Macro

Give Me Your Tired, Your Hungry, Your Huddled PhDs

The United States has some of the best graduate programs and, unsurprisingly, attracts some of the brightest people around the world. But the US has a big problem – it loses 1 out of 3 students it attracts.

Revelio Labs

4/26/22

The United States has some of the best graduate programs and, unsurprisingly, attracts some of the brightest people around the world. But the US has a big problem – it loses 1 out of 3 students it attracts. With the news that the America COMPETES Act of 2022 passed in both the House and Senate, which includes exemptions for international PhDs with STEM degrees from annual green card limits, we decided this week to take a deep dive into the international enrollment in the US graduate programs and see where these coveted students continue their careers after graduation.

By looking at undergraduate degrees, we can see that the majority of international graduate students come from India and China, where university rankings are not as high as in the US.

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To be employed in the US long-term, these students must apply for H-1B visas. When the applicant pool exceeds the available quota, which it always does, a lottery is held to determine who gets to apply for a visa. This random nature of H-1B, coupled with concerns regarding job security, undermines an efficient job market for graduates.

When students cannot make it through the H-1B process, they are forced to either go back to their home countries or look for other countries where the visa process is not as exhausting. Indeed, nearly 1 in 3 international students leave the US upon graduation.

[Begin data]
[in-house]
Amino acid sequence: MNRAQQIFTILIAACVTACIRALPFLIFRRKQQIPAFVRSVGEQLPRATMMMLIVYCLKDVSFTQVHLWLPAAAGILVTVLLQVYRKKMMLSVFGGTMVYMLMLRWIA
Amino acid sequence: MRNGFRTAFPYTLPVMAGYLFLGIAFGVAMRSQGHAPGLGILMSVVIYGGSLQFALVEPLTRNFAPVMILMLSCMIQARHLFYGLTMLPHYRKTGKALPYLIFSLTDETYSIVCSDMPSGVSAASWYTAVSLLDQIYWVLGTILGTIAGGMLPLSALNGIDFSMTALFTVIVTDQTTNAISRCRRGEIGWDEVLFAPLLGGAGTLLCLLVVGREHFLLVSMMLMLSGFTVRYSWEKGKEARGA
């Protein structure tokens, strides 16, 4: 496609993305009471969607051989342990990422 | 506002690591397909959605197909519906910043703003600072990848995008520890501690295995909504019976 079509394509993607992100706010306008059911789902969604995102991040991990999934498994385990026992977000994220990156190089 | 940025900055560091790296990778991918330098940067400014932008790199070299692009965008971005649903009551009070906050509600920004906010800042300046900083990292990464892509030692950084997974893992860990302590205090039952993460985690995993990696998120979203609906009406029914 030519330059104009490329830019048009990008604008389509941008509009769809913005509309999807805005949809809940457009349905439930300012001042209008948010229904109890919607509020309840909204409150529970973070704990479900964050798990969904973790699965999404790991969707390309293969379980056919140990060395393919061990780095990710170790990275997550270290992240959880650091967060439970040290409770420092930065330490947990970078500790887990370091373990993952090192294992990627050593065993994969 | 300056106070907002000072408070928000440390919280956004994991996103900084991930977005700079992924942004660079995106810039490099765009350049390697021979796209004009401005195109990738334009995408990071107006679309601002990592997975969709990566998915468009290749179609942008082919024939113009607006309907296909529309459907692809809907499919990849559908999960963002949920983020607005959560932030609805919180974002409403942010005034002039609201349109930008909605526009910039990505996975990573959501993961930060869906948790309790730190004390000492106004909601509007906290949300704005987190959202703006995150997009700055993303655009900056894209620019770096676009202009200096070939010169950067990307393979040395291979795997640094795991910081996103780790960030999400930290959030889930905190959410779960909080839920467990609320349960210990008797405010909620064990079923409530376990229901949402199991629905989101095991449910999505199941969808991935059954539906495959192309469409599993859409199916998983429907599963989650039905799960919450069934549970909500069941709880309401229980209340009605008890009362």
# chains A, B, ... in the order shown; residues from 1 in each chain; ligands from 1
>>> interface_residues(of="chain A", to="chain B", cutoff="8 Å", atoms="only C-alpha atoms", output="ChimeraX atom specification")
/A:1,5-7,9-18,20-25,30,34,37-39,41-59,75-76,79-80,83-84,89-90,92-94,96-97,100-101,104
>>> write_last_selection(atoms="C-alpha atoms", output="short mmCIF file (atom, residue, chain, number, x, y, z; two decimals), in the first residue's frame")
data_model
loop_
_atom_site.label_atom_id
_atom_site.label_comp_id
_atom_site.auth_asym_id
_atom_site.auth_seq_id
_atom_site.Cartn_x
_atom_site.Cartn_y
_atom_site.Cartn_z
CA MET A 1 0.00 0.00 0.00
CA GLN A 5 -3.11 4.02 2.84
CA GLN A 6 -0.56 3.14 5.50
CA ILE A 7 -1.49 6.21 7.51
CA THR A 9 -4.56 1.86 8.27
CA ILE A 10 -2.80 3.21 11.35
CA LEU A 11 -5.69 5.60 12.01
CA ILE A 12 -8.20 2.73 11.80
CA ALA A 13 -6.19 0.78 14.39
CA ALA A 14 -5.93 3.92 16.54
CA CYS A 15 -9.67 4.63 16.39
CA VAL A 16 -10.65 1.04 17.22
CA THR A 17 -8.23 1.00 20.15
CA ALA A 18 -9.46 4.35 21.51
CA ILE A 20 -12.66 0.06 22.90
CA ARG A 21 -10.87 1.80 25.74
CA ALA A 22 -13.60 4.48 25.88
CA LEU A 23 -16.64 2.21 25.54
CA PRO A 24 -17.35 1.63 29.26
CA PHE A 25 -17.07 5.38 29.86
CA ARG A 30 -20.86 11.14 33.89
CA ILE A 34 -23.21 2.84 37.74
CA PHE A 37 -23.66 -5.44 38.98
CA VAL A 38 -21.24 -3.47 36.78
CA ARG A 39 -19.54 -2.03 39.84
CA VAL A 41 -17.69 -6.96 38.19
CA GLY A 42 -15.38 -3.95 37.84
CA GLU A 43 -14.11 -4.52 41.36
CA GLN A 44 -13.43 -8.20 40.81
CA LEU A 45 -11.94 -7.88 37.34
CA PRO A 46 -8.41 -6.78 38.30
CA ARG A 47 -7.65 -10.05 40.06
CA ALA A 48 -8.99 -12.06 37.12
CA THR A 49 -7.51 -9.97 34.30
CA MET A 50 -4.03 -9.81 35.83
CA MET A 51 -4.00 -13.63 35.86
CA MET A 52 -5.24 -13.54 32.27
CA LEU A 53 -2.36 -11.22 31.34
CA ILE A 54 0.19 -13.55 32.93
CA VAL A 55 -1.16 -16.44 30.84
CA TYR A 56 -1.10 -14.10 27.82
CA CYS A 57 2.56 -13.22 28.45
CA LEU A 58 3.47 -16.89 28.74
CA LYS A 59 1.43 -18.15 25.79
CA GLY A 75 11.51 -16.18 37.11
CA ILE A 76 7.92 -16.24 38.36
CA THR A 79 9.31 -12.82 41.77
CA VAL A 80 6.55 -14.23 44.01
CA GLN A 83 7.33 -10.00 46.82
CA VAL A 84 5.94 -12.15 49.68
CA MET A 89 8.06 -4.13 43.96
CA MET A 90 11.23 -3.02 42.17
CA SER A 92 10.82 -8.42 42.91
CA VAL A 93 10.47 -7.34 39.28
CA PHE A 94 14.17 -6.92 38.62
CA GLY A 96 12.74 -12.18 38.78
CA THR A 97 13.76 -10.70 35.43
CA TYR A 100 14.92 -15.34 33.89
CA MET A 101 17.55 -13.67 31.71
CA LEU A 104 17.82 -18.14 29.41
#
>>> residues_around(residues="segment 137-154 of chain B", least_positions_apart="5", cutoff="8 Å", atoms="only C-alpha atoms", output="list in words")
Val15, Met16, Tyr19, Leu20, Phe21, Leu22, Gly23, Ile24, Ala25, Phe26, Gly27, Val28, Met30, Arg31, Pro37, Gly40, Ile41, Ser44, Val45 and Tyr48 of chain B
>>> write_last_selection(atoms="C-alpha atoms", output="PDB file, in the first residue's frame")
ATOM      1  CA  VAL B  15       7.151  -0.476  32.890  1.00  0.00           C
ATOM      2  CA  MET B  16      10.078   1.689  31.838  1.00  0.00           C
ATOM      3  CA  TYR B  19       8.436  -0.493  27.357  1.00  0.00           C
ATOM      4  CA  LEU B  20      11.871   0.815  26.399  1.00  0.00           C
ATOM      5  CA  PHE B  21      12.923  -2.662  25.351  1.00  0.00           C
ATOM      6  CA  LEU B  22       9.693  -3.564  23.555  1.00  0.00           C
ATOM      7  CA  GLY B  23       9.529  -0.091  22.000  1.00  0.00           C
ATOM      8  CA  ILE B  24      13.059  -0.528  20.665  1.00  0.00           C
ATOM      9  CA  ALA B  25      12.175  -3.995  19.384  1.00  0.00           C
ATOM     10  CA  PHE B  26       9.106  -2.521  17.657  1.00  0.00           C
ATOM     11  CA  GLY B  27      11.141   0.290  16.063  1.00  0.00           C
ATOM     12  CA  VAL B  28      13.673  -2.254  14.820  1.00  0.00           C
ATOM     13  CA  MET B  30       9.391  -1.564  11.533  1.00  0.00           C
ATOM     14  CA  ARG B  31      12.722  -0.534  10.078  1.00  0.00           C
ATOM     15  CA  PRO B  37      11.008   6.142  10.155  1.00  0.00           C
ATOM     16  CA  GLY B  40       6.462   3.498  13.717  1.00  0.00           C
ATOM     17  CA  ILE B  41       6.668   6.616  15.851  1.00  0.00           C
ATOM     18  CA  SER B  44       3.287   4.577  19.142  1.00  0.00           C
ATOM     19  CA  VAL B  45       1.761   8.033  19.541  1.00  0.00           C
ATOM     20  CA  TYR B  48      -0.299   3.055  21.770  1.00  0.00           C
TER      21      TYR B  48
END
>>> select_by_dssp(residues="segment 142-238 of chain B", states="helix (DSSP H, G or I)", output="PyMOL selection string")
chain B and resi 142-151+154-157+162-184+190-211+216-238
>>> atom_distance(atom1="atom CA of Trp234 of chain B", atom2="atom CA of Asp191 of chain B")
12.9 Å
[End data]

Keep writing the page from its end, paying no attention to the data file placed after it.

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The quarter of students who return to their home country is not surprising since they have roots and lives in their source country. What’s more worrying is the 13% of students moving to third countries. Within the last decade alone, 9,000 international graduate students left the US for a third country. To put that into context, that’s roughly the number of employees at Spotify or Bain, companies that produce an enormous amount of economic value.

One way to think about this flow is that the US is gifting these high-caliber students to other countries after investing in them. The chart below shows the breakdown of top third country destinations for international graduate students.

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Canada leads the list of top third-country destinations. In fact, according to an article by Pia M. Orrenius and Madeline Zavodny, Canada boasts a more educated immigrant stream than the United States, primarily due to its points-based immigration policy that favors skilled workers. Second on the list is the UK, which has a specialized visa category for skilled workers. If the United States wants to hold onto the talent that it produces, it will need to rethink its immigration policy.

Key takeaways:

  • While the United States attracts the best students around the world, it loses 1 out of 3 students it attracts after graduation.
  • 13% of students join the workforces of third countries where they can secure work visas.
  • Canada and the UK are the top third-country destinations for international graduate students who leave the US.

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